Government Frees 3 Leaders Of Attempted Coup
Apr. 04, 1989
PORT-AU-PRINCE, Haiti (AP) _ The government said today it freed three military commanders who led a failed coup attempt. Mutinous soldiers surrendered control of the airport and returned to their barracks.
State television announced Lt. Col. Himmler Rebu, commander of the Leopards Battalion; Col. Phillipe Biamby, commander of the presidential guard; and Col. Leonce Qualo, an administrative officer at army headquarters, were given safe passage to the United States.
A government communique identified Rebu, Biamby and Qualo as leaders of what it called a ''foolhardy'' attempt Sunday to overthrow the government of Lt. Gen. Prosper Avril.
The president ''magnanimously'' decided to release the officers and they were escorted to the border of the Dominican Republic on Monday night to get a flight to an undisclosed city in the United States, the communique said. Rebu was accompanied by his wife and four children.
The government did not explain why the three men were freed, but the move was clearly meant to defuse resistance within the Leopards Battalion. At least four mutinous soldiers in the battalion were killed Monday in skirmishes with troops loyal to Avril. The rebels were demanding Rebu's release.
Independent Radio Haiti-Inter said rebel units of the Leopards Battalion withdrew Monday night from the Port-au-Prince airport, but the airport remained closed. Schools also were closed for a second day.
Avril assumed power six months ago in a coup led by non-commissioned officers who said they were disgusted by official corruption and human rights abuses.
On Monday night, presidential guardsmen in tanks battled Leopards commandos on a main throughfare between the airport and downtown Port-au-Prince. Radio stations gave conflicting casualty reports, saying four to eight Leopards were killed and several wounded.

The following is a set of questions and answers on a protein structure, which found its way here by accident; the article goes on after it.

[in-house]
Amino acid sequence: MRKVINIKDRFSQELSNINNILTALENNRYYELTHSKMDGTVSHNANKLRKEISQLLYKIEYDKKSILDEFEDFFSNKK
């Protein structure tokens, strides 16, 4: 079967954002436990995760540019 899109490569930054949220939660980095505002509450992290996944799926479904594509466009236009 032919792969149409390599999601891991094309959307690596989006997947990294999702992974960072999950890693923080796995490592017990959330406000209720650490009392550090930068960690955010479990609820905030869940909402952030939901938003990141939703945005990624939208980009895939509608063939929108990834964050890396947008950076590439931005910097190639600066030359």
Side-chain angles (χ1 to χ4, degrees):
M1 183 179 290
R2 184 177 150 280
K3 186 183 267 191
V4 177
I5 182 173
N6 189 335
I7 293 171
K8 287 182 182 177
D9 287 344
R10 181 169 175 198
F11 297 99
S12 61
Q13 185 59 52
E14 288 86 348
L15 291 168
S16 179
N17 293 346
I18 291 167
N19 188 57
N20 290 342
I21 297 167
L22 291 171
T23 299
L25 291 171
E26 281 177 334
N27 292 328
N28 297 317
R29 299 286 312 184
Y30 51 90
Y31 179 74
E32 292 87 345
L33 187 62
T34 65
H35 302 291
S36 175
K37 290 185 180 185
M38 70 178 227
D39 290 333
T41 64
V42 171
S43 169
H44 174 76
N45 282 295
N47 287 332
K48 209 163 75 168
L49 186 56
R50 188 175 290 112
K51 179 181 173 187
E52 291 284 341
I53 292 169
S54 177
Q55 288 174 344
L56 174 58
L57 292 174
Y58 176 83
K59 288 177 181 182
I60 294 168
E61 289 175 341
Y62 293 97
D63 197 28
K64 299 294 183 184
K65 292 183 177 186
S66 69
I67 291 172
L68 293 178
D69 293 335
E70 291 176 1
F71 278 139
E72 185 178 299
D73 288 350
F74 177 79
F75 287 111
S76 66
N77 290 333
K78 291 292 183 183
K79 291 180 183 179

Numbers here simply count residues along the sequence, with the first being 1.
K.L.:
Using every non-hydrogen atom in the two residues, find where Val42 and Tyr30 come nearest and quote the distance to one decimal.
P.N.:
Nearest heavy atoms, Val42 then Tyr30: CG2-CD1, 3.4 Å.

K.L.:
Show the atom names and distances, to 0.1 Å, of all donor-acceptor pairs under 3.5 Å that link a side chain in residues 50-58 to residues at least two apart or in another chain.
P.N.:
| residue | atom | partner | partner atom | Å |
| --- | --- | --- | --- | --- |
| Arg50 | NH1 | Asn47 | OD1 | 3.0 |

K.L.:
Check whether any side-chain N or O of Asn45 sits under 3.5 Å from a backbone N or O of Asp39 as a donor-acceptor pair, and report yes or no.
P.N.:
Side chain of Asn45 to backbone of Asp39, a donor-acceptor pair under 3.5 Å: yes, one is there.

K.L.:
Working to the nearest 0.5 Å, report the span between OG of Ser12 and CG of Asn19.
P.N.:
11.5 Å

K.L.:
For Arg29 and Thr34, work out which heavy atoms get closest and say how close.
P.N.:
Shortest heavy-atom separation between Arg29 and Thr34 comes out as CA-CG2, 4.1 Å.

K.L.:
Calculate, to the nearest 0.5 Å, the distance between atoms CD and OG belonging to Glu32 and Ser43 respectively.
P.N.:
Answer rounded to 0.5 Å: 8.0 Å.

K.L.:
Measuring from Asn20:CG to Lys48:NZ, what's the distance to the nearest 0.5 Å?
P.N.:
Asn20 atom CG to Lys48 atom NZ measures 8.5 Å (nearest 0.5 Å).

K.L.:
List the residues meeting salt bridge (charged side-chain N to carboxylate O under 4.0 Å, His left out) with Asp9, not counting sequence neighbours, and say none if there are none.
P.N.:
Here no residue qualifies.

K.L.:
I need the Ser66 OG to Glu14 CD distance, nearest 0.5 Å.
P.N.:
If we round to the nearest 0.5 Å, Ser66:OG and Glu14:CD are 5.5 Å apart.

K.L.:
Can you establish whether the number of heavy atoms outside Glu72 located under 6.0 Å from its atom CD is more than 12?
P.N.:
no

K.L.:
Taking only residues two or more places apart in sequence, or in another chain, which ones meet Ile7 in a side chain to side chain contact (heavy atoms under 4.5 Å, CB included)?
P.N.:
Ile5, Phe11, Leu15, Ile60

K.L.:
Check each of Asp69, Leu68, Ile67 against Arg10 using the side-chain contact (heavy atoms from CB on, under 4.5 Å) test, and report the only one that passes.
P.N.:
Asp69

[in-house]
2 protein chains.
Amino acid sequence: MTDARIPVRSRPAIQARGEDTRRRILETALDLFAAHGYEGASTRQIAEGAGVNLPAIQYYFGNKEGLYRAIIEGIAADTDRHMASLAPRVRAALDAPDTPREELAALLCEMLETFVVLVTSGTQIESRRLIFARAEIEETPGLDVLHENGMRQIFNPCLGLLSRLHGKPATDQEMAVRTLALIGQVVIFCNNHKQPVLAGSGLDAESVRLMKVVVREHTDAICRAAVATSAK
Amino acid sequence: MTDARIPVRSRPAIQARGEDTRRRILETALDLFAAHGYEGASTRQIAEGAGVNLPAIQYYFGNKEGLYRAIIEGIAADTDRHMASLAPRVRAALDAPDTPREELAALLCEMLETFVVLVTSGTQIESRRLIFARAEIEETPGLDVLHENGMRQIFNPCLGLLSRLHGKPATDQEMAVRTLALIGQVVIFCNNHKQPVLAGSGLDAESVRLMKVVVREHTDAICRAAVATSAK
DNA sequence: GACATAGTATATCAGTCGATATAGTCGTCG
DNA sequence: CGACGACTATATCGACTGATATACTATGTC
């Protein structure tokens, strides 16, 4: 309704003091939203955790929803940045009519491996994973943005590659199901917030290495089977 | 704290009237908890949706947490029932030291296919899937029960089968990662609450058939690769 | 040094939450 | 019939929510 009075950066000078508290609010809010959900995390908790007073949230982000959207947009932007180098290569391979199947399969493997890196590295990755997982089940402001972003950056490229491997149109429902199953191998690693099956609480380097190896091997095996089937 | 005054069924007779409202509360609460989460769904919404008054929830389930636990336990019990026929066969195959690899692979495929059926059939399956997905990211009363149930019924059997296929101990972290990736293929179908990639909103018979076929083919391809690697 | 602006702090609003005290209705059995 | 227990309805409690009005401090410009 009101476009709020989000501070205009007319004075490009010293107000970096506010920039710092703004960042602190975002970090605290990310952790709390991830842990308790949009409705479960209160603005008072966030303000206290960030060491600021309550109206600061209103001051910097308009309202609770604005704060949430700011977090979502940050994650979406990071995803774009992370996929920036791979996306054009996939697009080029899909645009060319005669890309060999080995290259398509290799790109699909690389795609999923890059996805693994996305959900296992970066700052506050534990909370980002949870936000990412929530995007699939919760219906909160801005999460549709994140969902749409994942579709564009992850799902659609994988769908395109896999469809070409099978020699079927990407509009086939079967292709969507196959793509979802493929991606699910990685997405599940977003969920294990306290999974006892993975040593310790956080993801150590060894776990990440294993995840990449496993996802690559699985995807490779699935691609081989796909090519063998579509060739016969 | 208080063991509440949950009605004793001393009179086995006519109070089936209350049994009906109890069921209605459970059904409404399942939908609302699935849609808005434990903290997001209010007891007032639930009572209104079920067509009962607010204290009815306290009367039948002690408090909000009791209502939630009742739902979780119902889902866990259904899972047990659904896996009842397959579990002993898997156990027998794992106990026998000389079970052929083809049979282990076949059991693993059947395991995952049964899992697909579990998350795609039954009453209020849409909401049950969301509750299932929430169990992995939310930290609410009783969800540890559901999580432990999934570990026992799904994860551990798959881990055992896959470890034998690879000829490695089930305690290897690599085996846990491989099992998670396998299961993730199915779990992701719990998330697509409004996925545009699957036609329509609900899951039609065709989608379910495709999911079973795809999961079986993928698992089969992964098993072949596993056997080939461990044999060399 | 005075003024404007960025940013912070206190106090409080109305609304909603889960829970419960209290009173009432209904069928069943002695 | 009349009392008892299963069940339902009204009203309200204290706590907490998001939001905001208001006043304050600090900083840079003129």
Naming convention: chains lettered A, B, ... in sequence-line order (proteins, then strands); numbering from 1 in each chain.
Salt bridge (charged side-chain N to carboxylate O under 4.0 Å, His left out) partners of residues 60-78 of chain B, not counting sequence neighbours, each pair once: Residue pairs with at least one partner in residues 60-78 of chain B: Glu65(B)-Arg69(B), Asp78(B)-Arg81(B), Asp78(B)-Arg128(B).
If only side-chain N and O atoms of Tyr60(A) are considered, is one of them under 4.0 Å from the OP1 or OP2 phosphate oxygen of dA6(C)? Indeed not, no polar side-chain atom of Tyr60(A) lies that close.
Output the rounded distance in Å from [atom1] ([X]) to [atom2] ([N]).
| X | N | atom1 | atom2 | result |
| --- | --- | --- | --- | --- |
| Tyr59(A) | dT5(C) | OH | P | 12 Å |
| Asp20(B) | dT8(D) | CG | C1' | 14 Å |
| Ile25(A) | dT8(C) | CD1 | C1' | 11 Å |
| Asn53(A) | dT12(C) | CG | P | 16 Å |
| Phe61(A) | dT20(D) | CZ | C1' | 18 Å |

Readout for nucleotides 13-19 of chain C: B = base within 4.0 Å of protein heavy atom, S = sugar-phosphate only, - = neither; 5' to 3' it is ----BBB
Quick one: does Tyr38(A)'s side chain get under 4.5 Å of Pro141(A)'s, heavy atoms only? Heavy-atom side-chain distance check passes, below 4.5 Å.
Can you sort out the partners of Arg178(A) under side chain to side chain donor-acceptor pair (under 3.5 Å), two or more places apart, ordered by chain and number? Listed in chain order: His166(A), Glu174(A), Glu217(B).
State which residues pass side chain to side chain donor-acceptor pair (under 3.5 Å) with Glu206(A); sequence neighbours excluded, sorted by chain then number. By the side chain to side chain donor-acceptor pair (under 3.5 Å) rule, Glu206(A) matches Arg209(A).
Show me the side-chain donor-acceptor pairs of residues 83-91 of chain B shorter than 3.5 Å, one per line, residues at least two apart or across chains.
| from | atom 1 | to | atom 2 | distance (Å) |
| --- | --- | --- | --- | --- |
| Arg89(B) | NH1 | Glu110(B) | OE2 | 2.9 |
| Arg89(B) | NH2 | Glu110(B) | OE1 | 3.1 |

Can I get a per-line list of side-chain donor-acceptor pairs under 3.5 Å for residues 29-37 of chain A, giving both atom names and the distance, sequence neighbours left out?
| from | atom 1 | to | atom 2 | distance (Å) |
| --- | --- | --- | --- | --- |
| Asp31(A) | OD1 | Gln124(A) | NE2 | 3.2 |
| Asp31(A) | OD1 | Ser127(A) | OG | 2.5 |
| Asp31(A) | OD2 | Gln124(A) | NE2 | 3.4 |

Nine members of an independent council appointed to organize and schedule presidential elections were to be sworn in today, but the ceremony was postponed until Thursday because of the violence, officials said.
Avril said in February he was forming the council, an announcement many Haitians welcomed as a sign of democratic times to come.
The leader of this impoverished Caribbean nation has promised elections and pointed as proof he is keeping his pledge to the council, which is to include representatives of the Roman Catholic Church, labor unions, the military, human rights groups, the media and judiciary.
Rebel soldiers made three demands over Radio Haiti-Inter on Monday. They said they wanted Rebu released, a civilian government installed and total restoration of a 1987 constitution restricting the army's role in government. Those parts of the constitution were suspended in June.
Radio Haiti-Inter cited sources close to the police command as reporting that Avril had determined a ''handful of soldiers and officers were involved'' in Sunday's coup attempt.
Avril said on nationwide television early Monday that the coup was led by ''some members of the armed forces, blinded by their exhorbitant ambitions,'' but gave no details.
Avril was seized early Sunday by rebel troops, but rescued by loyal forces later in the day. No casualties were reported Sunday.
There was speculation the coup attempt may have been linked to Avril's crackdown on drug trafficking by the military. Last week, four high-ranking army officers were accused of drug dealing and arrested.
The troops that installed Avril as president ousted Lt. Gen. Henri Namphy on Sept. 17, 1988. Namphy had led the country for most of the time since a February 1986 popular uprising forced dictator Jean-Claude Duvalier into exile, ending 30 years of Duvalier family rule.
U.S. officials have conditioned the restoration of $70 million in suspended economic aid on Haiti moving toward democracy, respecting human rights, and cracking down on the drug trade. The funds were suspended after thugs massacred 34 voters in November 1987, aborting Haiti's first elections in 30 years.